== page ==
Nationals

Malzahn taking aim at Auburn's talent, attitude

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Malzahn taking aim at Auburn's talent, attitude

AUBURN, Ala. (AP) Bo Jackson says new Auburn coach Gus Malzahn must build the program from the ground up and start by putting down a solid foundation.

Malzahn inherits a Tigers team with virtually every starter returning next season but plenty of uncertainty at quarterback and many other positions from a team that had a number of issues on both sides of the ball - and away from the field. So Jackson is preaching patience.

``I think what Gus Malzahn is facing right now, he's facing an empty lot,'' said Jackson, the 1985 Heisman Trophy winner and part of the four-man search committee. ``He's got to go move dirt. Lay a foundation and start to build a house. He's got to rebuild that house. That's what he plans on doing.''

Auburn gave Malzahn a five-year, $11.5 million deal Tuesday with focus on restoring the team to championship caliber and bringing more discipline to a program that endured a number of off-the-field issues under Gene Chizik.

He has signed a letter of agreement that pays up to $1.5 million a year in performance bonuses. The letter, released by Auburn on Wednesday, says he will be owed his $500,000 base salary for the rest of his contract if fired without cause. He won't be owed anything if fired with cause, including rules violations or ``serious personal misconduct.''

Auburn will pay his $700,000 buyoout to Arkansas State as a loan, forgiving 20 percent each year Malzahn remains. Jackson is optimistic that he'll be there awhile.

The former NFL and Major League Baseball player used words like ``passion,'' ``tenacity'' and ``hungry'' to describe Malzahn's pitch and demeanor in his interview with the search committee. He also praised his willingness ``to come into a hornet's nest like this and say, `My job is to rebuild this program, to get these kids back to the winning ways these kids are used to.'''

That challenge extends well beyond Xs and Os.

The Tigers wilted against top competition, getting routed by No. 10 Texas A&M (63-21), No. 6 Georgia (38-0) and No. 2 Alabama (49-0) and also had center Reese Dismukes and freshman quarterback Zeke Pike arrested for public intoxication over the summer. Chizik dismissed Pike from the team.

Search committee member Mac Crawford, a Nashville businessman, said discipline was one of the first topics brought up with Malzahn.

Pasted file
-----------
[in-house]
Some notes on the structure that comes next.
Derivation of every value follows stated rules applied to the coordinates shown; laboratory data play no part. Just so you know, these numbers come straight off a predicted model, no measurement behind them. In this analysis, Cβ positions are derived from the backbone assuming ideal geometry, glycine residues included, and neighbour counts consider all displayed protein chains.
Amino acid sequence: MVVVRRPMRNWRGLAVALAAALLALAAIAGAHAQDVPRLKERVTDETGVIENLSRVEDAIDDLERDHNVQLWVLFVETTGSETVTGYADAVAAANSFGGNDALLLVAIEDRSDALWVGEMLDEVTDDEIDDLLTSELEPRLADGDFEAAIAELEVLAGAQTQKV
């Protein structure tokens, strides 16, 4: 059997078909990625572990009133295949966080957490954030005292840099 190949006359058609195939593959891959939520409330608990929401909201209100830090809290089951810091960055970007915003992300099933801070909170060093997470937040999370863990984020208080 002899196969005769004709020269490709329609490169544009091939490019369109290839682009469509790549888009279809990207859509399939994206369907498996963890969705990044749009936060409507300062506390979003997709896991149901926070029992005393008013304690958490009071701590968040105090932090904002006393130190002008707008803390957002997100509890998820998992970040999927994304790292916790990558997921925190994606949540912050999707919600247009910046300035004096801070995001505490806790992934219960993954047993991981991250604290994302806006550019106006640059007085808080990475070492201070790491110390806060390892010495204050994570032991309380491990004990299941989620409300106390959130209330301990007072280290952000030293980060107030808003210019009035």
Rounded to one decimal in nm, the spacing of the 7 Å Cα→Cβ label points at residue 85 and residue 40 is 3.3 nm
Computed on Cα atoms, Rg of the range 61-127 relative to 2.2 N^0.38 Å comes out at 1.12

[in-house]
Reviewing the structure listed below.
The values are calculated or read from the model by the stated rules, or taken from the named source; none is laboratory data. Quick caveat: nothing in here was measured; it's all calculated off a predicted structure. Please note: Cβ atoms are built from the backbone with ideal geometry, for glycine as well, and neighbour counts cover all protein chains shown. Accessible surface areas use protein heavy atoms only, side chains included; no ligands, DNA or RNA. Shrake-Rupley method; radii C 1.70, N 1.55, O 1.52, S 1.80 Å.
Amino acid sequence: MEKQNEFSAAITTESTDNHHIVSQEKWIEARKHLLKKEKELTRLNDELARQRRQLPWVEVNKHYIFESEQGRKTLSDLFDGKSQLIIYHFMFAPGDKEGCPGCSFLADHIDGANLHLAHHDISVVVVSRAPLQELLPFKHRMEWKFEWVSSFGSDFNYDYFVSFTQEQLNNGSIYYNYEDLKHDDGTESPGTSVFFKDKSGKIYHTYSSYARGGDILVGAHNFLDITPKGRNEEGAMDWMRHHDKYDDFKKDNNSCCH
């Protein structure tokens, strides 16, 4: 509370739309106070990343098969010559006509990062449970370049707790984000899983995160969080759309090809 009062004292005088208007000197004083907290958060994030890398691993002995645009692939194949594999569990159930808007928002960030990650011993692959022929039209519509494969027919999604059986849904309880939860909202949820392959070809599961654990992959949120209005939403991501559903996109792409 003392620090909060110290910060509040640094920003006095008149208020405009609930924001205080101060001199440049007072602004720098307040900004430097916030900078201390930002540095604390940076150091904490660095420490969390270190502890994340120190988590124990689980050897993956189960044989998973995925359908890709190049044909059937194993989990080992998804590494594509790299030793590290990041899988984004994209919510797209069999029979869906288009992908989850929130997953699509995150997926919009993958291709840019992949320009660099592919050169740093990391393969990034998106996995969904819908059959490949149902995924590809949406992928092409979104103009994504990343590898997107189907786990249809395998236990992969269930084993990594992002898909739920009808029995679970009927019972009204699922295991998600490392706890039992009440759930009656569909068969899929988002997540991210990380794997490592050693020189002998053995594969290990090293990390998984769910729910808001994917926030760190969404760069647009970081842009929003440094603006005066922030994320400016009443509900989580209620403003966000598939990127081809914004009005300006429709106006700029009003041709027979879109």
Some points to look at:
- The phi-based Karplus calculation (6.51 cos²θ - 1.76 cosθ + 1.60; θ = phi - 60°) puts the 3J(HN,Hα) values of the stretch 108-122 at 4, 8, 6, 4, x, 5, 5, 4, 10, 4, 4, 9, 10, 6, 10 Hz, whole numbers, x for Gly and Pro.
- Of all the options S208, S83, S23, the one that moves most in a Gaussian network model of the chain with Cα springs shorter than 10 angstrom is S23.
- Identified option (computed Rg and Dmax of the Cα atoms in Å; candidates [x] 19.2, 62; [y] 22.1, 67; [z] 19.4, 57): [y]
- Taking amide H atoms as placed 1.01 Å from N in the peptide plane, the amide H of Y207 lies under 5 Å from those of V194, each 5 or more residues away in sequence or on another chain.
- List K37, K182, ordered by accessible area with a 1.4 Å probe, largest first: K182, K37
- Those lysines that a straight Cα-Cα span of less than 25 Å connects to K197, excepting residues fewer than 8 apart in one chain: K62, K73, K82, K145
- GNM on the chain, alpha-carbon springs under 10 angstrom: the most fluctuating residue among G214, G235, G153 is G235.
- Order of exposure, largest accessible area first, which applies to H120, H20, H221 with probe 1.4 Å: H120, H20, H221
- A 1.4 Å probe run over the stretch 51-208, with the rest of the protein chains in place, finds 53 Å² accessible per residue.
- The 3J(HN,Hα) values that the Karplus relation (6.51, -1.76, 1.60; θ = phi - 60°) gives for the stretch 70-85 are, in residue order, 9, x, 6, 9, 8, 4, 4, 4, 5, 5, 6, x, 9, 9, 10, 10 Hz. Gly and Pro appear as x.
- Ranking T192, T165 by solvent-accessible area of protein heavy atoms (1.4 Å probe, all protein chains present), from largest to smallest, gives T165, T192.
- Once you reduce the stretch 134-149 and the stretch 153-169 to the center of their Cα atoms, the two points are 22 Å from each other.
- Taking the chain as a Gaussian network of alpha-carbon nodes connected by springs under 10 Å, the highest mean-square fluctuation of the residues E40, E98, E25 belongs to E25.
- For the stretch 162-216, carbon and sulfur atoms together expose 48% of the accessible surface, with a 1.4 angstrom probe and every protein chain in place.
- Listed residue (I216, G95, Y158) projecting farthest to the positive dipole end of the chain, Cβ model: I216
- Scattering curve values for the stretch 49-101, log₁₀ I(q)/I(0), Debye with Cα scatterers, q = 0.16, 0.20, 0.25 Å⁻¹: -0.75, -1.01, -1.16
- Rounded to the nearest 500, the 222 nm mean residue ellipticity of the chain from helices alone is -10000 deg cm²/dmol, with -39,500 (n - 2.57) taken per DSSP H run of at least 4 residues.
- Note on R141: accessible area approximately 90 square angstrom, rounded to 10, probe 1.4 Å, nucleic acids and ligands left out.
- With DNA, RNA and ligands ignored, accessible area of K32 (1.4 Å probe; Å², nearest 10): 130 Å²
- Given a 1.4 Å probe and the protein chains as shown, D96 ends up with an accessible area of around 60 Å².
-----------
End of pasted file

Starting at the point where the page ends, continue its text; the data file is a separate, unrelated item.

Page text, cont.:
``We talked about it a long time and we were very satisfied with the answers that he gave to us,'' said Crawford, a former Auburn fullback who was chairman of the board at CVSCaremark and CEO/chairman of CaremarkRx.

Freshman quarterback Jonathan Wallace said discipline was an issue last season ``but that's something that can be fixed.''

``Just a matter of us being accountable with each other,'' said Wallace, who started the final four games. ``That's the biggest thing, just looking out for each other and making sure that we're not doing anything that we don't need to be doing.''

The Tigers do have big holes to fill, despite returning 18 players who started on offense or defense in the finale against Alabama. They're losing their only consistently productive receiver, Emory Blake, No. 2 rusher Onterio McCalebb and leading tackler Daren Bates. Defensive end Corey Lemonier also hasn't said if he'll return for his senior season or enter the NFL draft.

But Malzahn said it goes beyond talent to attitude.

``We do have some talent, and we have some deficiencies, and what I've got to do is identify the deficiencies and address those immediately and also the mindset,'' he said. ``The mindset and expectations mentally and physically of our players. So we've got some work to do, but I know the areas we need to improve on and we're going to address those.''

Crawford has experience reviving companies, and finds correlations in Malzahn's challenge.

``Let's face it, this is a turnaround situation,'' Crawford said in a phone interview Wednesday. ``This is a team that won three ballgames last season, and he has got to get the kids back to where they have a winning attitude, heading in the right direction. We've got good kids at Auburn.

``I've always done turnarounds in my corporate career and any time you go in, getting the right people in the right places and doing it the way you think should be done - that's what Gus has to do. You just can't expect it to happen overnight.''

Malzahn does have a track record for reviving offenses quickly, even before Cam Newton's arrival in 2010. The Tigers improved from 110th in scoring in 2008 to 16th the following season with Chris Todd at quarterback.